For about 30 years, observers have questioned the reliability of the macroeconomic statistics that the government of Puerto Rico prepares through its Planning Board.
The technical questions about the quality of these statistics have been numerous, diverse, and persistent. On occasion, these questions have played a leading role in creating the conditions for Puerto Rico’s fiscal, economic, and credit crisis, and in the congressional, judicial and political debates to address the crisis.
To address these questions, several administrations have sought to involve the U.S. government in the preparation of Puerto Rico’s macroeconomic statistics. This makes sense, given that the preparation of the U.S. macroeconomic statistics is a federal function, executed centrally from Washington, through the U.S. Bureau of Economic Analysis (BEA).
In fact, at the beginning of this century, for the first time, the federal government began preparing macroeconomic statistics for its territories, Samoa, Guam, Mariana Islands, and the U.S. Virgin Islands.
In the case of Puerto Rico, one of the main questions has always been whether the official macroeconomic statistics have excluded certain economic activities of great value. For example, for a long time, economists on the island have asked: how can economic growth be sluggish, when shopping centers are still crowded with avid shoppers?
As a result, an expectation was created that if Puerto Rico’s economic statistics had been correctly computed, then we would come to realize that Puerto Rico’s economic situation was much more favorable than what the official statistics suggested.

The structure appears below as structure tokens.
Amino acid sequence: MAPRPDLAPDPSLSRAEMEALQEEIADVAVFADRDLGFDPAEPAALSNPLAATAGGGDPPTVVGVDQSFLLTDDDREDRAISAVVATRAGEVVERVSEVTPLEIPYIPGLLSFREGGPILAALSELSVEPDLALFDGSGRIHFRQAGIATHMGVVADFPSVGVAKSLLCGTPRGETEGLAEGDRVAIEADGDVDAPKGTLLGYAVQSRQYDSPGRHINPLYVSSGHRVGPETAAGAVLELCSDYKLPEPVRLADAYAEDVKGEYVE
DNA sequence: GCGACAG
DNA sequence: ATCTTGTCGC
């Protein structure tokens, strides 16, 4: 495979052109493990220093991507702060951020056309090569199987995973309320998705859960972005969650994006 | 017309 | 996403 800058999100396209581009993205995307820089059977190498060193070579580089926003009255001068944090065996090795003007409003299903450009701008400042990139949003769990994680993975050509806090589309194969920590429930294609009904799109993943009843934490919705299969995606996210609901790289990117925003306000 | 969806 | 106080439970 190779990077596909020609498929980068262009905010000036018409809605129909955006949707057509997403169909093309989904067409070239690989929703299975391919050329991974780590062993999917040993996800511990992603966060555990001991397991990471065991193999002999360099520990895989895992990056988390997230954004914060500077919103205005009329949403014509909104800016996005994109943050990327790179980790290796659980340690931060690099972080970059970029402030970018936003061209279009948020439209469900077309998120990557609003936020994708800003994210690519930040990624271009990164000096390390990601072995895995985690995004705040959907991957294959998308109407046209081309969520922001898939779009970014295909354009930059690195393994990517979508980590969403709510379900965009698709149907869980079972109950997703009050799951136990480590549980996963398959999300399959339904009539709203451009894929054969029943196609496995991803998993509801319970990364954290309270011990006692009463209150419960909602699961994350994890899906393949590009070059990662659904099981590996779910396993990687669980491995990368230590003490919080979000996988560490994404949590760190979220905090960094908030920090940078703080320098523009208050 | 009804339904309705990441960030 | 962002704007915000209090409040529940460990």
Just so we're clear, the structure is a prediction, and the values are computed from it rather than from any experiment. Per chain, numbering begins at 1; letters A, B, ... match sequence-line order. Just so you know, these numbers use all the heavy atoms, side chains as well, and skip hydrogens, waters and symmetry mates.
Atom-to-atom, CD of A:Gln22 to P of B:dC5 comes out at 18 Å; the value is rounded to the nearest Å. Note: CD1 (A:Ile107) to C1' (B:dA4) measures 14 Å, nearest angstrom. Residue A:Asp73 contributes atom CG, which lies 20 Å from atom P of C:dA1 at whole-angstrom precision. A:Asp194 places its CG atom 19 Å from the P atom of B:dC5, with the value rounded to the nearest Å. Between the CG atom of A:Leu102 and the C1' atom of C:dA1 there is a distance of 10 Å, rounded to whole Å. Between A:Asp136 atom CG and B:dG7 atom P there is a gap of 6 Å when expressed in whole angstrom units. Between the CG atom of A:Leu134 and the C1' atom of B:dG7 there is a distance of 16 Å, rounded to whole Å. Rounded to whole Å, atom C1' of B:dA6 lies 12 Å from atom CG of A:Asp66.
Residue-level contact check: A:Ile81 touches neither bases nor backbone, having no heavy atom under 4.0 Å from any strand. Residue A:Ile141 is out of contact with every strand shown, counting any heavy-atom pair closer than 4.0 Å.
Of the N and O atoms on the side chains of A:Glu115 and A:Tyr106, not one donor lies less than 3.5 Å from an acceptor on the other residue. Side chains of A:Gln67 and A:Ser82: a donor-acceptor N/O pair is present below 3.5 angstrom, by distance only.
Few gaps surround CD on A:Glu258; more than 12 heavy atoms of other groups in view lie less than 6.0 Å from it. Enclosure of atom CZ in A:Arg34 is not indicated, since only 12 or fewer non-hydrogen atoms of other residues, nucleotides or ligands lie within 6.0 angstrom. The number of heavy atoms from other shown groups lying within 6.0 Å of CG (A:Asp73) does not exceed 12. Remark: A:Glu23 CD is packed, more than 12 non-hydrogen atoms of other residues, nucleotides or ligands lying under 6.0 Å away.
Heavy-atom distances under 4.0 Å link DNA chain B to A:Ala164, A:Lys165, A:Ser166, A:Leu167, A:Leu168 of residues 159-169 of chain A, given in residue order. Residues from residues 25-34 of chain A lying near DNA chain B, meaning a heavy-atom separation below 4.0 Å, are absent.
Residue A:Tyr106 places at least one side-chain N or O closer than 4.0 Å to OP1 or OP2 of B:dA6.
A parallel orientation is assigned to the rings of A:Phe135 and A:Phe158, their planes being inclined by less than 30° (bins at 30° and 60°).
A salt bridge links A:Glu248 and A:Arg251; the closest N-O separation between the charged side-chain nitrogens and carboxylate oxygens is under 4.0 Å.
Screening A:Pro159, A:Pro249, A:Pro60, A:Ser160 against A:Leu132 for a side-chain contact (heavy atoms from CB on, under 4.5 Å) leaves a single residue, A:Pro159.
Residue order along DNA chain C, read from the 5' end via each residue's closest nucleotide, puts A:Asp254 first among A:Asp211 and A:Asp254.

In fact, these arguments were eventually used by bondholders in federal court to establish that Puerto Rico could actually repay more of its debt than suggested by the official macroeconomic statistics.
Last month, the U.S. government published for the first time a series of experimental statistics on various sectors of Puerto Rico’s economy covering the period from 2012 to 2017, which allow us to begin answering these questions. Was the Puerto Rican economy underestimated or was the Planning Board right?
Well, it turns out that the answer is neither one nor the other. The new statistics do not reveal a much larger economy that had not been measured previously. In fact, quite the opposite: personal consumption expenditures, one of the main components of Puerto Rico’s economy, were actually 9% lower than previously published by the government of Puerto Rico.
This does not mean that there are no economic activities excluded from these statistics. Quite the opposite. It means that so far, the U.S. government has possibly not, much like Puerto Rico’s government, been able to find a mechanism to capture and measure the considerable underground economy that keep some sectors buoyant in Puerto Rico, despite the crisis.
Being able to measure the value of these activities is essential to ensure that these sectors contribute equally to financing the government. One way to start measuring these activities is through a Consumer Expenditure Survey, like the one performed annually in the United States, and which has not been undertaken in Puerto Rico in almost 20 years.
On the other hand, in terms of how this variable evolved over the five-year period, the government of Puerto Rico and the federal government reached similar conclusions: personal consumption expenses at constant prices were reduced by an average of more than 1.5% per year between 2012 and 2017. This suggests that the Planning Board was not as wrong in its statistics, as the citizenry were led to believe.
This should not be a surprise: the reality has always been that the dedicated employees of the Planning Board take every effort to prepare the highest quality statistics they can, against the will at times of politicians who do not understand and despite continuous cuts to the financial and human resources available to this endeavor.
Without a doubt, there have always been many areas of improvement and there have always been technical discrepancies, but the solutions have always been there, in the hands of the Puerto Rican human capital that has been preparing these statistics for decades against all odds.